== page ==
FREEDOM: Forecasting Risk to upland water treatment assets from the Environmental Exacerbation of Dissolved Organic Matter levels.

Lead Research Organisation: NERC Centre for Ecology and Hydrology
Department Name: Water Resources (Lancaster)

Abstract

The water industry faces intensifying risks to its water treatment systems from rising dissolved organic matter (DOM) concentrations in upland raw water supplies. This is leading to rising treatment costs, drinking water quality breaches, and threats to existing infrastructure. Scottish Water (SW), the industrial partner in this proposal, working with CEH, aim to address this challenge by developing an entirely new approach to understanding, managing, and planning responses to DOM increases over the next 50 years in response to environmental change. This represents a radical departure from the current water industry focus on 'managing away' rising DOM levels in supply catchments through upland restoration, which has had only limited success.

Risks and costs of rising DOM levels are widespread. They affect other water companies, including United Utilities, Welsh Water and Irish Water, who, alongside SW and academic partners (Universities of Glasgow and Leeds), will form the Project Advisory Board and ensure continued relevance and impact of the project.

The project will build on a modelling framework developed by CEH and harness new scientific understanding to equip SW with: 1) state-of-the-art knowledge of the consequences of future environmental change for DOM levels; 2) a web-based Decision Support System (DSS) with which to anticipate where and when treatment-related thresholds are most likely to be breached; 3) the ability to more efficiently manage water treatment assets; and, 4) a robust, long-term strategic basis for sustainable catchment planning and optimised infrastructure investment. By developing these capabilities CEH will provide SW with tools to optimise mitigation (e.g. land-use interventions) and adaption (e.g. infrastructure investment) strategies.

Proposed activities and (respective Work Packages) include: finalisation of SW needs and collation of SW data in a project database (WP1); development of an existing model framework to enable forecasting of future DOM quality, quantity and Key Performance Indicators (WP2); model implementation, focussed on circa 100 SW supply catchments (WP3), generation of a spatially explicit model of current and future DOM concentrations across the UK uplands according to climate change and air pollution scenarios (WP4); and, development of the DSS incorporating web-based tools, to provide a front-end for model outputs for use by SW, and enable forecasting of future annual average and seasonal extreme raw water DOM concentrations and quality, and Key Performance Indicators (KPIs) (WP5). Additional funding from SW will support collection of new data to assist in model parameterisation and testing.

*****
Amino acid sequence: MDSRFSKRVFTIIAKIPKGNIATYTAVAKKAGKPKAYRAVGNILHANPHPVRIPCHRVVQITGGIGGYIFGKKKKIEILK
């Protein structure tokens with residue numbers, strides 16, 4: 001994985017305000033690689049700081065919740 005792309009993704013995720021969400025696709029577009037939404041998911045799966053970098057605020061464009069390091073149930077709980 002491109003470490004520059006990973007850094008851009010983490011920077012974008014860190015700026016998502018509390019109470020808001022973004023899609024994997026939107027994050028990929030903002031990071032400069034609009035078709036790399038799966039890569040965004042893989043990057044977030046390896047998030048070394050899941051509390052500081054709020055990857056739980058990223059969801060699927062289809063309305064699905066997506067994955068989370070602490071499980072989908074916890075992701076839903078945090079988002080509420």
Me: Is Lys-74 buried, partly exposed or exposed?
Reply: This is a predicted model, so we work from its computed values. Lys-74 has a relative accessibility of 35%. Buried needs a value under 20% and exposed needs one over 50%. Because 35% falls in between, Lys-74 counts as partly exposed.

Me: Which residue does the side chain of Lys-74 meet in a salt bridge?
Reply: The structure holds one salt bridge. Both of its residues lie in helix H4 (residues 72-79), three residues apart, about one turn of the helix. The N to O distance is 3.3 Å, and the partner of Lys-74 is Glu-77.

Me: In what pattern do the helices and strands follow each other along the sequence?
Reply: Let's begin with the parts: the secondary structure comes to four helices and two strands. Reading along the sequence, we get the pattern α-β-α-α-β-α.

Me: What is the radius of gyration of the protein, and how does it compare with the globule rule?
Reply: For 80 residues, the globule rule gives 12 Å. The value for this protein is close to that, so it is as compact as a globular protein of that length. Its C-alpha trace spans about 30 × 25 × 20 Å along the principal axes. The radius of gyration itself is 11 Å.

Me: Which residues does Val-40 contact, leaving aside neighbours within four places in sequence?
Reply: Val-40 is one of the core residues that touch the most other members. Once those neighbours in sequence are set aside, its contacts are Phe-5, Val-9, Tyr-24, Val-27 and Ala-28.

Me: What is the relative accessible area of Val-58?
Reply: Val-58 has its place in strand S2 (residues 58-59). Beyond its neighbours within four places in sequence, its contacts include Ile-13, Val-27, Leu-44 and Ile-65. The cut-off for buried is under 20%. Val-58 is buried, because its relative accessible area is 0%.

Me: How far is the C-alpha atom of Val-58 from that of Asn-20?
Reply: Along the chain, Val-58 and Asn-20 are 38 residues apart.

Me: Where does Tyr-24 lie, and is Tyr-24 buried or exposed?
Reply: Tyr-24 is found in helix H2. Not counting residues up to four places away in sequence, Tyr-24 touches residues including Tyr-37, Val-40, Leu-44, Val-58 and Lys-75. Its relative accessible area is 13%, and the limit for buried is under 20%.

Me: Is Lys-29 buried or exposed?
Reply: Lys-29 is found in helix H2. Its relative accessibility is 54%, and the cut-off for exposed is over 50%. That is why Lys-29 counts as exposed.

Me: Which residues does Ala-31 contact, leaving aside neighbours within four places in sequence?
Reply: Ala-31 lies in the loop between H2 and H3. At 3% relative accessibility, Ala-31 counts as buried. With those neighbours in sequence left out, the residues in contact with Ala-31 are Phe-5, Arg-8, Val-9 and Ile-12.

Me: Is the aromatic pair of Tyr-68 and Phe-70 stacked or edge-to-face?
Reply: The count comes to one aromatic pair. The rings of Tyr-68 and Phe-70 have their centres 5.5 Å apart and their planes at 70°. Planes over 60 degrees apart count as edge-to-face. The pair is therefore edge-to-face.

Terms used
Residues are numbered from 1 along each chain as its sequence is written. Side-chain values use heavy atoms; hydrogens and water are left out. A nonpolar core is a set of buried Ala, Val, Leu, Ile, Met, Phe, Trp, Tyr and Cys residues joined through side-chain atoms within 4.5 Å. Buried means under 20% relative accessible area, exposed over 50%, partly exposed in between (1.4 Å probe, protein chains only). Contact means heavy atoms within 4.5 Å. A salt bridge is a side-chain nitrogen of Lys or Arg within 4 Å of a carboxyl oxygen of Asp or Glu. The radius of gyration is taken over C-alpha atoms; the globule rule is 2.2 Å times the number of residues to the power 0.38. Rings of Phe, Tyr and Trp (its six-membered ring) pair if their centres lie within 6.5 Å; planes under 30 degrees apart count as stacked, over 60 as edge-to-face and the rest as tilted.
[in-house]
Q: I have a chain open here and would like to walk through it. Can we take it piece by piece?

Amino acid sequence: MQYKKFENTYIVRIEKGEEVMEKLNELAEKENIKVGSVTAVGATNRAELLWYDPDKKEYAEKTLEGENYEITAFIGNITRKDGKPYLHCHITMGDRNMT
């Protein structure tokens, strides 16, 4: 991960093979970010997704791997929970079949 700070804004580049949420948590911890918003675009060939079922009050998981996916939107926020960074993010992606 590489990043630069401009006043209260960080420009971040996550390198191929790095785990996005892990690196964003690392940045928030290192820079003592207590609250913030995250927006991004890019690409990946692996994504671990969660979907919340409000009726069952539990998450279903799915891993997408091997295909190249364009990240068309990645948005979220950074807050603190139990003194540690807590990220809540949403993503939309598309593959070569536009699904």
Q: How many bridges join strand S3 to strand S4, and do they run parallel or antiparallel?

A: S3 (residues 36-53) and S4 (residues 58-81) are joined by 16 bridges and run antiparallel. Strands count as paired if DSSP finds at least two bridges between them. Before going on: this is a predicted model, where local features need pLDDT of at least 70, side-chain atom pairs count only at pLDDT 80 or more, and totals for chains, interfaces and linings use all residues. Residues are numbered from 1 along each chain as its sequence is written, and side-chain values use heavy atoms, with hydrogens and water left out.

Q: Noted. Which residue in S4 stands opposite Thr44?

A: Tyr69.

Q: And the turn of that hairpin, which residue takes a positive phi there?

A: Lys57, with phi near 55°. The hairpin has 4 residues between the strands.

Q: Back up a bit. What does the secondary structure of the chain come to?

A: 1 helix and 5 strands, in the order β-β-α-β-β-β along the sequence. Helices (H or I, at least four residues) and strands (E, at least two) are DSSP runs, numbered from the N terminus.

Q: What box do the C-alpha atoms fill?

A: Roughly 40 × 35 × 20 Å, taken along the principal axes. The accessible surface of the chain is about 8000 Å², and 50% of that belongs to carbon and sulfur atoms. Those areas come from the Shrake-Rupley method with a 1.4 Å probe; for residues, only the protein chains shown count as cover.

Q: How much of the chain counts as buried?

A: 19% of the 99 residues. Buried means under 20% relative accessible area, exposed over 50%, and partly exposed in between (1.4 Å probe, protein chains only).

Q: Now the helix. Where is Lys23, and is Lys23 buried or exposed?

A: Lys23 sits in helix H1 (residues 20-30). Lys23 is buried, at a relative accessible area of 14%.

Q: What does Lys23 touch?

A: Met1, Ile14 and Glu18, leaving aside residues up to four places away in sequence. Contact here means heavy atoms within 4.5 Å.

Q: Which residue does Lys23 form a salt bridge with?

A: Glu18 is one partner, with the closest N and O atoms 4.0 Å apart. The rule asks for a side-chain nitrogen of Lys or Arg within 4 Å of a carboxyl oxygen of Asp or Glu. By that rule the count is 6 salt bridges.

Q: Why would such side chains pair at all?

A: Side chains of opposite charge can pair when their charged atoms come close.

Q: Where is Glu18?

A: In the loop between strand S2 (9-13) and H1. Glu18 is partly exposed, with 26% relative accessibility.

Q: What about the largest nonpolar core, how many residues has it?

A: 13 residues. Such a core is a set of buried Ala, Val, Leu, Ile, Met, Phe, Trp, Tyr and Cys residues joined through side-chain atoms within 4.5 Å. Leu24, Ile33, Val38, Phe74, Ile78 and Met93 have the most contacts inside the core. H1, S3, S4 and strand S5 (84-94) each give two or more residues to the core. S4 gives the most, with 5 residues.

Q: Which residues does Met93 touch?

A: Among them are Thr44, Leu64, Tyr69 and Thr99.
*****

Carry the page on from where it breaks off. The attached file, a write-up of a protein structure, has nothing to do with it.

CEH will work with SW to implement the prototype DSS, initially for a subset of 'exemplar' sites to test and subsequently showcase the application of the tool, before scaling up to the full set of catchments from WP2. Consequences for SW's KPIs will then be assessed for a range of environmental scenarios and mitigation strategies. Results will be disseminated by a CEH in a series of briefing notes to SW and through the DSS directly. Exemplar studies will be presented to the wider water industry at the end-of-project dissemination meeting. At this point other water industry partners will be given the opportunity to engage in a future beta-test of the DSS, and work more closely with CEH and each other in developing further iterations and functionality.
Ultimately, the project aims to transform approaches to rising DOM across the UK water industry, and potentially internationally.

Project duration will be 18 months. During this time, SW will independently fund a parallel project of new data collection that will help to strengthen the empirical basis and parameterisation of the model to support future use. The total cost of the project, at 80%FEC will be £135,595, with £75,000 from SW to support supplementary sampling.

Planned Impact

The overall outcome of the project will be a complete overhaul of the water industry's approach to managing the risk of rising DOM, from one currently based on short-term, localised, reactive strategies to a much longer-term, scientifically-informed and business-led approach.
The benefits of the project to Scottish Water and the wider industry will be both immediate and direct, through access to a co-designed Decision Support System, and more gradual through consolidation of newly forged close working relationships between Scottish Water, CEH and our other industry and academic partners that will extend considerably beyond the duration of the project, through knowledge sharing and transfer mechanisms, joint studentships, and on-going research.

The primary output from the project will be the development of a co-designed web-based Decision Support System (DSS), underpinned by NERC science and informatics expertise. This will, for the first time, provide Scottish Water with the capability to predict and respond to:
1) Future DOM trajectories and extremes at current/potential future plant locations.
2) Changing chemical properties of DOM that affect treatability.
3) Catchments at most and least risk of worsening water quality.
4) The extent to which a range of catchment management options may be able to mitigate risk at specific locations.